January 28, 2020

Electronic Strike Zone Will Be Tested During Spring Training, But Will Not Actually Be Used In Games

Commissioner Rob Manfred was "completely inaccurate" when he said MLB would be using an electronic strike zone in exhibition games this spring, according to the Major League Baseball Umpires Association.

The umpires' union clarified that automated balls-and-strikes software (or an electronic strike zone) would be used behind the scenes during nine spring training games. The on-field umpires will make all rulings during the games as usual.

Manfred had announced:
We're going to be using it during spring training and in some of our minor leagues this year. The way it works is the camera calls the ball or strike [and] communicates to an earpiece that the umpire has in his ear. And from the fan's perspective, it looks exactly like it looks today. We believe, over the long haul, it's going to be more accurate. It will reduce controversy in the game and be good for the game. We think it's more accurate than a human being standing there.
The Major League Baseball Umpires Association followed that news with its own statement:
Reports that MLB will use 'robo-umps' to call balls and strikes in spring training games this year are completely inaccurate. ... Our understanding is that a camera-based tracking system will be running in the background during some spring training games for technology development and training purposes. But any game in which a Major League Baseball umpire is working will have a human calling balls and strikes. ...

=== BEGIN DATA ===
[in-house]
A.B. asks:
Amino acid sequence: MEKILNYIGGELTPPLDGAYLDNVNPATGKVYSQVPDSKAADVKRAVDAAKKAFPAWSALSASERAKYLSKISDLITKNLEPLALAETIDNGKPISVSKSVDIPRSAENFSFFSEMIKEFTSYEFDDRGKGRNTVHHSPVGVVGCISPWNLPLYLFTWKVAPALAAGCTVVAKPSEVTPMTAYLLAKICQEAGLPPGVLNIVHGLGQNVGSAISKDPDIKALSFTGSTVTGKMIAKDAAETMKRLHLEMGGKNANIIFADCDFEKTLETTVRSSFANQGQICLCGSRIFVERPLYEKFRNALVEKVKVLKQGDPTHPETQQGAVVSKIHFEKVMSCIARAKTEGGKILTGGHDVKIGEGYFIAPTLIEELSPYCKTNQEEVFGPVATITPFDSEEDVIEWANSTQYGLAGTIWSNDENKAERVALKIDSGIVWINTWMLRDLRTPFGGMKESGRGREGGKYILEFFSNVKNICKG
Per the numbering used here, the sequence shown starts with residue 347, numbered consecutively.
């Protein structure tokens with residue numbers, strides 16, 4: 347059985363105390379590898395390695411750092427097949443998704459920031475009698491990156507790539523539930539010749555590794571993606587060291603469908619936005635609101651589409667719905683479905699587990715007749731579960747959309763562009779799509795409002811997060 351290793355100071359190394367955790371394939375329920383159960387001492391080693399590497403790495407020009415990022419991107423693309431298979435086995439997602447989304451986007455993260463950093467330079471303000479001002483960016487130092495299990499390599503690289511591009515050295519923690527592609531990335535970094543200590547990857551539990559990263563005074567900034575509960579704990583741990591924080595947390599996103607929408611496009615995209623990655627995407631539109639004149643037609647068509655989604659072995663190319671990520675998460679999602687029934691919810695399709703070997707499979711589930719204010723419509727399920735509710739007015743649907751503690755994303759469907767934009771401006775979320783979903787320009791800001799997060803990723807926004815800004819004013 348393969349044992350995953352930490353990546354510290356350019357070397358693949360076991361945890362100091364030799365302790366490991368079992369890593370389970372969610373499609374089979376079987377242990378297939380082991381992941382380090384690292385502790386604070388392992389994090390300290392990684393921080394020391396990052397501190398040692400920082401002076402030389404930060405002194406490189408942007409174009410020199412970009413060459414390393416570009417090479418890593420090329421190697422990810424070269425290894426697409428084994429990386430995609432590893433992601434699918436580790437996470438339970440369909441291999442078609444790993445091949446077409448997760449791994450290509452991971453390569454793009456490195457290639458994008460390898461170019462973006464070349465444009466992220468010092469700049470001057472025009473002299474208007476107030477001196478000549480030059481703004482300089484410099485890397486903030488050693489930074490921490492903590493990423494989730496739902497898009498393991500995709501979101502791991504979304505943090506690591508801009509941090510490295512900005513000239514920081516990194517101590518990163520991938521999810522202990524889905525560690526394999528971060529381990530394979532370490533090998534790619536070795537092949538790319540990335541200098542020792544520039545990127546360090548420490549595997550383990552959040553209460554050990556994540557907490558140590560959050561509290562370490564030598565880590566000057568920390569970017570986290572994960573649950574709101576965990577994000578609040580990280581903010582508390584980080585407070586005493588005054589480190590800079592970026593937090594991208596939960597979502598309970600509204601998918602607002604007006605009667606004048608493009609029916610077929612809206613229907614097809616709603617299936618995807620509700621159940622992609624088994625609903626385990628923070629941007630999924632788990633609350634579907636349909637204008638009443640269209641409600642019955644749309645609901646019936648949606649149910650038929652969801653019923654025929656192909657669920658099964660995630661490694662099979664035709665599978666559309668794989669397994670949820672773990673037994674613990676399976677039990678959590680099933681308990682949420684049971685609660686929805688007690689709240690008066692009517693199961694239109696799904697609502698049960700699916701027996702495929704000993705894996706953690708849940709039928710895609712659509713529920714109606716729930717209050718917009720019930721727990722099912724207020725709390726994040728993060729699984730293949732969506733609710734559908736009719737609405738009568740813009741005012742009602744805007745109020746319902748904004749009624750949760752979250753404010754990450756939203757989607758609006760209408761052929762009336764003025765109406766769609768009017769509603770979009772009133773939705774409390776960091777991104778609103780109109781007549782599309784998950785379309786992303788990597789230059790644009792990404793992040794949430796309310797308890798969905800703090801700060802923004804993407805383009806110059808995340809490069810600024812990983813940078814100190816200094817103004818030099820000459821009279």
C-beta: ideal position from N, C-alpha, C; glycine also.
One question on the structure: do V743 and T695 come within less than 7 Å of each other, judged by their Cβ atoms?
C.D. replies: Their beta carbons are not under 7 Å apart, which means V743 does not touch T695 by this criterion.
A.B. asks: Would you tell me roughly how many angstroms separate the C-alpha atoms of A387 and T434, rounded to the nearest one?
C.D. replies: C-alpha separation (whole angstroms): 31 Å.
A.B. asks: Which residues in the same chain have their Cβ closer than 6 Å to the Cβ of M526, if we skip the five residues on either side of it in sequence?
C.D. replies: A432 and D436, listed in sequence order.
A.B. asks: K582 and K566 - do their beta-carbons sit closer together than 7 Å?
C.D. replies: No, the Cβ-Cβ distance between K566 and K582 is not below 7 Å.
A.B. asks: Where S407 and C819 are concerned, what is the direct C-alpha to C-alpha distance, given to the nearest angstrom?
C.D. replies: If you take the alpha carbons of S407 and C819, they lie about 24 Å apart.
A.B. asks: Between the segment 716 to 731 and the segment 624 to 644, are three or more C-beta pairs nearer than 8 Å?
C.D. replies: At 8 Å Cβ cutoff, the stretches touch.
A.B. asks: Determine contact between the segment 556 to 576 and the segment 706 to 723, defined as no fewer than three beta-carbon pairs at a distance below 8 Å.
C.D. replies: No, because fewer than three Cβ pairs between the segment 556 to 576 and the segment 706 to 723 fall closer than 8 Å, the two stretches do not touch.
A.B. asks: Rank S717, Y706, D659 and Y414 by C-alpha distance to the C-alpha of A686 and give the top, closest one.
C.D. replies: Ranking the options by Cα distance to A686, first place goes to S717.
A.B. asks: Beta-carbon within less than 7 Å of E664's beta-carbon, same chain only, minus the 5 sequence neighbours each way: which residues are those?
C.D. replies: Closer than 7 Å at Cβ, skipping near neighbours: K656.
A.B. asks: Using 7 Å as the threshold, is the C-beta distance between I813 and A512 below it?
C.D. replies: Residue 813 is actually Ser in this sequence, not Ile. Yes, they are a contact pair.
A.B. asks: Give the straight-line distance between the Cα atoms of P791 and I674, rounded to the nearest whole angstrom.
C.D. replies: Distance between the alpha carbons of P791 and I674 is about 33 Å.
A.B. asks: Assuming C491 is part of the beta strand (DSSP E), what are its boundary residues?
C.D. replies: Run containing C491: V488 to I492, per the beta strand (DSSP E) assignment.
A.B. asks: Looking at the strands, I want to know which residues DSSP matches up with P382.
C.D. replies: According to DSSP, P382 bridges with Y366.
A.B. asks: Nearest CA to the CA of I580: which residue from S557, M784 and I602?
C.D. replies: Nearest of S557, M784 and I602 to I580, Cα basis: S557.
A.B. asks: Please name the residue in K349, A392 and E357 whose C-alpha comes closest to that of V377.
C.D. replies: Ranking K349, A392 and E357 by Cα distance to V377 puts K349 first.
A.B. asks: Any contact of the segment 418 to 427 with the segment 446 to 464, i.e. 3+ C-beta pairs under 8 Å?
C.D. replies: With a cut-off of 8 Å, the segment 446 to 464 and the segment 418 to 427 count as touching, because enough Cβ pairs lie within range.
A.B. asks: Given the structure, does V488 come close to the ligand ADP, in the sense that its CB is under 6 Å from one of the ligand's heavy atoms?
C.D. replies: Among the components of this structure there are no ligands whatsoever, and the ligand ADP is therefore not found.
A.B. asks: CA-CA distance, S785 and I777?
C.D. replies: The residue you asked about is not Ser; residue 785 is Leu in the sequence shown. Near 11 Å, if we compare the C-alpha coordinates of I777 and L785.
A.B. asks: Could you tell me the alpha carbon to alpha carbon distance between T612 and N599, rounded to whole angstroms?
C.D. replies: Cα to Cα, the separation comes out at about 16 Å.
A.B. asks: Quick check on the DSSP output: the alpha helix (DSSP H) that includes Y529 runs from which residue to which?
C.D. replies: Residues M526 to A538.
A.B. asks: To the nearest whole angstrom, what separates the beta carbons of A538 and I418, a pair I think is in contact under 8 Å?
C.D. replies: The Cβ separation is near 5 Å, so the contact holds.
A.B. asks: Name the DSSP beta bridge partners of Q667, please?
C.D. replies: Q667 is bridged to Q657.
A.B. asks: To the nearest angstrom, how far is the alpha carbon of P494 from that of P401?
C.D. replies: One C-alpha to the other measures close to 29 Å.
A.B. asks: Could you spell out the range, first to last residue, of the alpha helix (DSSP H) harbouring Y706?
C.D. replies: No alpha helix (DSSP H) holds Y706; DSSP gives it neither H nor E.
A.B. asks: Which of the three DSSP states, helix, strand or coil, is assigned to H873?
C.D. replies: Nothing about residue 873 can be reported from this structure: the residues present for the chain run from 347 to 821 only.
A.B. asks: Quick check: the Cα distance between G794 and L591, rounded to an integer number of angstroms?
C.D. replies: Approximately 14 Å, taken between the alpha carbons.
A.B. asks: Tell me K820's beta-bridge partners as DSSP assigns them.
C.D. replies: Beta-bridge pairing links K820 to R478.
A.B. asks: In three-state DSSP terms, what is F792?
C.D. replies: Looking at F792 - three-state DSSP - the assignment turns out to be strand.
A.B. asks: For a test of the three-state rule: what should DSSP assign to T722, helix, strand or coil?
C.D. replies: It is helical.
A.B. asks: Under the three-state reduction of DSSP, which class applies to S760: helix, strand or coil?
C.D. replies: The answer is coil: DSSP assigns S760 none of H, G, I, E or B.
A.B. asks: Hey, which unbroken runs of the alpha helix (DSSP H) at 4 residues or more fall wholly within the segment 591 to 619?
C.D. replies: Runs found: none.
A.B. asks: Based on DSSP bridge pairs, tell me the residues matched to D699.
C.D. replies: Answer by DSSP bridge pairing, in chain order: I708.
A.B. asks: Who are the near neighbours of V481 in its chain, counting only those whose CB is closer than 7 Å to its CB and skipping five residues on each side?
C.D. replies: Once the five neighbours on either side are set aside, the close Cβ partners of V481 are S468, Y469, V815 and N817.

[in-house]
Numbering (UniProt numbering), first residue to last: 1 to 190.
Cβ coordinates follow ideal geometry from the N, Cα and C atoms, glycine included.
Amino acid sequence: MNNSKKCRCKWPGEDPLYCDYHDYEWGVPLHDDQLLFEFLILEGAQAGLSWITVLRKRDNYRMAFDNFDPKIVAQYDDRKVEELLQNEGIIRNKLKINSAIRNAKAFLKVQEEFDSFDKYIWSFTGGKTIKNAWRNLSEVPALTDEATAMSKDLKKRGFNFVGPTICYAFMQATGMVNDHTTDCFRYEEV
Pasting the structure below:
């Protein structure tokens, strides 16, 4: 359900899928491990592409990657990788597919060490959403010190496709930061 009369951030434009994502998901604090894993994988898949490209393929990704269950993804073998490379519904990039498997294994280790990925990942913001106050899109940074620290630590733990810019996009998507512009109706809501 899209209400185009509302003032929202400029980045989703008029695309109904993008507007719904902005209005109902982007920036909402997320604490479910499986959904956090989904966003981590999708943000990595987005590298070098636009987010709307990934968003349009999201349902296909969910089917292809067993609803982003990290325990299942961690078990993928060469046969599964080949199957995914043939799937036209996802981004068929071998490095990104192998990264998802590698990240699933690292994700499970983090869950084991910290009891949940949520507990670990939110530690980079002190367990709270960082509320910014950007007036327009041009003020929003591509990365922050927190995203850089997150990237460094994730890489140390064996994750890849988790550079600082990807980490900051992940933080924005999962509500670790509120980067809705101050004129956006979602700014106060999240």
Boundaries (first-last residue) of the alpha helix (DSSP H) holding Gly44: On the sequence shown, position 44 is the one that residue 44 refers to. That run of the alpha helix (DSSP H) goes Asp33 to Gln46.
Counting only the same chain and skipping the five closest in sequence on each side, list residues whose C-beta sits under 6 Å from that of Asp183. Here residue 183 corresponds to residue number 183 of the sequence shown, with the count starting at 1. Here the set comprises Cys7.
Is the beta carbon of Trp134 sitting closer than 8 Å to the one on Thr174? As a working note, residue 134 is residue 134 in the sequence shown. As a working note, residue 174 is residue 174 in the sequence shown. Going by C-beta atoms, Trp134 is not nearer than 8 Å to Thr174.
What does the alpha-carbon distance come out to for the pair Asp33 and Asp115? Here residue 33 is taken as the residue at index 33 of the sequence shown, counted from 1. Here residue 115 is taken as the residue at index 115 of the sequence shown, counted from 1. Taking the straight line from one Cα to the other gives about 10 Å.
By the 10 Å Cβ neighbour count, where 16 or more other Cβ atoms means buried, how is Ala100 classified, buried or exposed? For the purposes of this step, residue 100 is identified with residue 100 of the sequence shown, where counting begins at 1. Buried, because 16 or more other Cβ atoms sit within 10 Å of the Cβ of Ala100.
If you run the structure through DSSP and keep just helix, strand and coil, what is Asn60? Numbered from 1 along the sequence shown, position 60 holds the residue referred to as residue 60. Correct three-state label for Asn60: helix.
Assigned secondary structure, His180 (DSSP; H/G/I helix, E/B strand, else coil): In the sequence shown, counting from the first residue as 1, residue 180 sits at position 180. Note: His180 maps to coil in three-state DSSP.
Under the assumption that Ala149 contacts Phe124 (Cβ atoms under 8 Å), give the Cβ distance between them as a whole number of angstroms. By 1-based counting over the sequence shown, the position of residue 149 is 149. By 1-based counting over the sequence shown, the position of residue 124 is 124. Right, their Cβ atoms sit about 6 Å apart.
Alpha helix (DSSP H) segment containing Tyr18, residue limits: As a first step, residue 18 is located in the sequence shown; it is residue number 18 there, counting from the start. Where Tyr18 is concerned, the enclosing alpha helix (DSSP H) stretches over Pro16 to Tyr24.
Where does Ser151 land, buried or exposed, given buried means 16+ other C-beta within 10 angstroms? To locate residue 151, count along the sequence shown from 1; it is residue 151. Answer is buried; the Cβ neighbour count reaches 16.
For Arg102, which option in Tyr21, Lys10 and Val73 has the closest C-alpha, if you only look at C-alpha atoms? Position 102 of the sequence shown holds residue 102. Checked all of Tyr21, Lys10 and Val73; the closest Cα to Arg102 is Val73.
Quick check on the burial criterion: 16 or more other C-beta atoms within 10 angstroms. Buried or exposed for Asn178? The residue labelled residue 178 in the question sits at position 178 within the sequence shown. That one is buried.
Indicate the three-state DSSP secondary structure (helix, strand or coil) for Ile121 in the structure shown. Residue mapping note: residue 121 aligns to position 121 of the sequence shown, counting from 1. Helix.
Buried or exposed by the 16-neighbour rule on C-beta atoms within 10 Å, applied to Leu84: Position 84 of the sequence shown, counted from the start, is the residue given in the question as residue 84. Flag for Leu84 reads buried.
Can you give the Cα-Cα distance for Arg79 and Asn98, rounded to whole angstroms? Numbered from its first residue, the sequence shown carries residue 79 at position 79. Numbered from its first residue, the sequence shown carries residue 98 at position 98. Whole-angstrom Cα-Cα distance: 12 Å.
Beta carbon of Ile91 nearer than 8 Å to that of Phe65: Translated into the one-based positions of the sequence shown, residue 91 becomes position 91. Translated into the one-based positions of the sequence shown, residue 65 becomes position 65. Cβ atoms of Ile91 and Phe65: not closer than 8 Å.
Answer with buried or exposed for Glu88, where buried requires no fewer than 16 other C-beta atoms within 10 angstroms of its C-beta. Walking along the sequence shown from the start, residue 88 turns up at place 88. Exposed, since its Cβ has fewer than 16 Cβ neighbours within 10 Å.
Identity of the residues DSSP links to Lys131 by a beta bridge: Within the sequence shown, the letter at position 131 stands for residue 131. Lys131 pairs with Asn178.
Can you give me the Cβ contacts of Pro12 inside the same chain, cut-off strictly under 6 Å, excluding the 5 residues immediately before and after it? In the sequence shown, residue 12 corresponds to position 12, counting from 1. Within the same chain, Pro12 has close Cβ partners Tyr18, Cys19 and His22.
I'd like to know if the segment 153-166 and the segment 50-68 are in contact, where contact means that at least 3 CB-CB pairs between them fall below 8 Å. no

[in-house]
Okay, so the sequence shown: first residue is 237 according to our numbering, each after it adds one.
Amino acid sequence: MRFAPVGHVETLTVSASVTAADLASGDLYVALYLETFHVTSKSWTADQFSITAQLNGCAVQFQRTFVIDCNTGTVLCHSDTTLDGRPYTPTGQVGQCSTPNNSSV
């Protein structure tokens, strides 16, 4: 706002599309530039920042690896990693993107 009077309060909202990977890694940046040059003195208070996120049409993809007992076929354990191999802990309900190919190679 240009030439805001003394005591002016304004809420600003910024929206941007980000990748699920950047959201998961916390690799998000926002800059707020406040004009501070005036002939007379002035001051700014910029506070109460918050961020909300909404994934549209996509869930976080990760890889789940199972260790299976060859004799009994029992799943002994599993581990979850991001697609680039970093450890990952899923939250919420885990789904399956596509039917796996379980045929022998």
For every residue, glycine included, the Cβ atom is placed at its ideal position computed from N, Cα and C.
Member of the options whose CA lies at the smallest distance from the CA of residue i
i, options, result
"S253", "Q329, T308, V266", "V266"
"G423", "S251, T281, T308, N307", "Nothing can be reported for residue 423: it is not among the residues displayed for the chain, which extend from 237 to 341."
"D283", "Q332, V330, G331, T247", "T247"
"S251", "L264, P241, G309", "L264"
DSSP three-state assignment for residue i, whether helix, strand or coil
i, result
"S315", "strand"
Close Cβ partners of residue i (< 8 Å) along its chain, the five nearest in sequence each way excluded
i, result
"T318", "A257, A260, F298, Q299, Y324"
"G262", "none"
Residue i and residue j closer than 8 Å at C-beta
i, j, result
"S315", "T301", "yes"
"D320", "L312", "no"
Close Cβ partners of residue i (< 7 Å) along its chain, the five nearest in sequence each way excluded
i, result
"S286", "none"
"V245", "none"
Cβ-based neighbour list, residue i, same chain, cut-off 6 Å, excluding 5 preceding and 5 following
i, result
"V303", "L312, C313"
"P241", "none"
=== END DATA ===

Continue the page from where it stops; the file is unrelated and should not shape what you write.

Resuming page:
[The umpires' union] has never opposed the use of technology to improve the accuracy of calls, including on balls and strikes, if it can be done while protecting the integrity of the game. We do not claim to be perfect and we work constantly to improve our performance. But no automated system will be perfect either, and we have concerns about potential fundamental changes to pitch-calling that will need to be accepted by both the players and the fans.

To achieve this new contract with the owners, however, we agreed that MLB can use [the electronic strike zone], if important conditions are met, and after a process through which umpires will have direct input into when and how the technology enters Major League games, including spring training games. We believe our involvement will be crucial to preserving fair play if the owners are determined to introduce this fundamental change. We bargained hard for these protections, and the process we negotiated has not even started. Use of ... technology in spring training games this year would be premature and would violate our new agreement. We have received absolutely no word from the Office of the Commissioner that MLB intends to do that.
MLB tested an electronic strike zone last season in the independent Atlantic League and the Arizona Fall League.

According to Jacob Bogage of The Washington Post, a source "with knowledge of the system's rollout said Manfred is eyeing activating the digital strike zone in the big leagues in as soon as three seasons".

Bogage reported that "tensions remain high" between umpires and team owners, with the umpires believing Manfred is moving too fast to introduce technology into the officiating of baseball.

MLB and the umpires' union are also discussing the possibility of having some umpires wear microphones at some point this season for announcing the verdicts on reviewed calls and/or explaining rules.

Four members of the House of Representatives (two Democrats and two Republicans) introduced a resolution last week urging MLB not to eliminate 42 minor league teams. MLB made its proposal last year to eliminate short-season leagues and reduce the number of farm teams with which each club is affiliated.

One of the teams that could get the axe is the Lowell Spinners, the Red Sox's Short-Season A-ball team in the New York-Penn League. (The (Burlington) Vermont Lake Monsters, the Athletics' affiliate in the same league, is also on the list.)

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